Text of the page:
“I had no choice. I had exhausted my savings. My team was in danger of being on the streets. So my partners and I put everything we had into this,” he says, adding that they found housing for the team of 15, and started supplying their meals from the restaurant. “I was so relieved when we made a profit of ₹50,000 in the first month,” he says, adding that, as promised to the team, they have been able to increase salaries every month, as profits slowly grow.
Buoyed by the success, they added Ginger Garlic, offering comfort Indo-Chinese food, and then recently were able to open a sprawling, state-of-the-art kitchen in Vasant Kunj along with their latest brand, Park Street Rolls & Biryani. The three brands are Delhi-based now, but the team is looking to expand and Chennai is next on their radar. All takeaway outlets, they represent a new era of feisty, organised, chef-led cloud kitchens.
“In 2021, we will see more strong, concept-led takeaways. The landlords’ thirst for rent is always going to be high, so brands need to think of products that can hold their own three years down the line,” says Vikramjit. “Customers are looking for a place with a story. And now, everything has to be fabulous, from food to packaging.”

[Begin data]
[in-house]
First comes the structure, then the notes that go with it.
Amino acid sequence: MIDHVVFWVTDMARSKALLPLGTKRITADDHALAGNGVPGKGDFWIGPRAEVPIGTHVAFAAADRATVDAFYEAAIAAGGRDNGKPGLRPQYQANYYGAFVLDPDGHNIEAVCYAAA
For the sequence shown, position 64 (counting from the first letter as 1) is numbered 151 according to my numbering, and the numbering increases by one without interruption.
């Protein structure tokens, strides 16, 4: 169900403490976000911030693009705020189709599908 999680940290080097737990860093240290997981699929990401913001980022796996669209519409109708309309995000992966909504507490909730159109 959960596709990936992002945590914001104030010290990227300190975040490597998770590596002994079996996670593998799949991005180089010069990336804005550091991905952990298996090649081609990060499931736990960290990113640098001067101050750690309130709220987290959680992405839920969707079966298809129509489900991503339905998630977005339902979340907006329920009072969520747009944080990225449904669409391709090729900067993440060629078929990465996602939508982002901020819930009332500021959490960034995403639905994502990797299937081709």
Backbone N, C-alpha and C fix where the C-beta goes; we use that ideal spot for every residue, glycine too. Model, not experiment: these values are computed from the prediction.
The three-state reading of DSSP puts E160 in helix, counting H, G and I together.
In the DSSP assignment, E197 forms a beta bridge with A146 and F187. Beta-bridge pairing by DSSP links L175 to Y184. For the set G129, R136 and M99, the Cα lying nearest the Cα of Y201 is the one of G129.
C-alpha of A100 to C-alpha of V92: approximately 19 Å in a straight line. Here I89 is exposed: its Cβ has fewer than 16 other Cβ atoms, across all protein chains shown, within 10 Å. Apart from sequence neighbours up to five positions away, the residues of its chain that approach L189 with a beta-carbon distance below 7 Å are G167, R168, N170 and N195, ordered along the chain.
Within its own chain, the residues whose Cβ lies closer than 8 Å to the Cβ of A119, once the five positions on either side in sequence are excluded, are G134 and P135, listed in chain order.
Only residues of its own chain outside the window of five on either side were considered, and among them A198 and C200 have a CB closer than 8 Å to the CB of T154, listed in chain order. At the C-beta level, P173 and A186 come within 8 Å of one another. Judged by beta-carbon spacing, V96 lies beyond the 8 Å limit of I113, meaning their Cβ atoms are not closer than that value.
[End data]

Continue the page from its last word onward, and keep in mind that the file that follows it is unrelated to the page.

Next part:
Successful takeaway kitchens are likely to birth restaurants after proving their mettle and creating a loyal customer base. “This has been a good year for individuals who have entrepreneurial skill. Small restaurants that were chef-led started doing well. People are realising that there has to be heart in spaces,” adds Vikram.
Restaurants that multi-task
Through the worst of the year, many chefs rose to the challenge of keeping their doors open and stoves on, despite shortages of staff and breakdowns in the supply chain.
Bakeries began selling eggs and milk when grocery store shelves were empty. Chefs delivered food to customers who could not leave home. And menus changed everyday depending on what was available at the market, offering family-sized portions for exhausted home cooks.
In return, customers rallied around their favourite restaurants to keep them in business. So not surprisingly, there has been a return to restaurants as community spaces, with chefs, vendors and customers building on bonds forged through the pandemic’s challenges, continuing to support each other.
With ‘Work From Home’ becoming the norm, and many companies letting go of expensive offices to save costs, expect to spend more time working from cafes. Anticipating a surge in demand for co-working spaces, SOCIAL Works, which comes under the umbrella of Impresario Handmade Restaurants by Riyaaz Amlani, is doubling its co-working spaces across cities.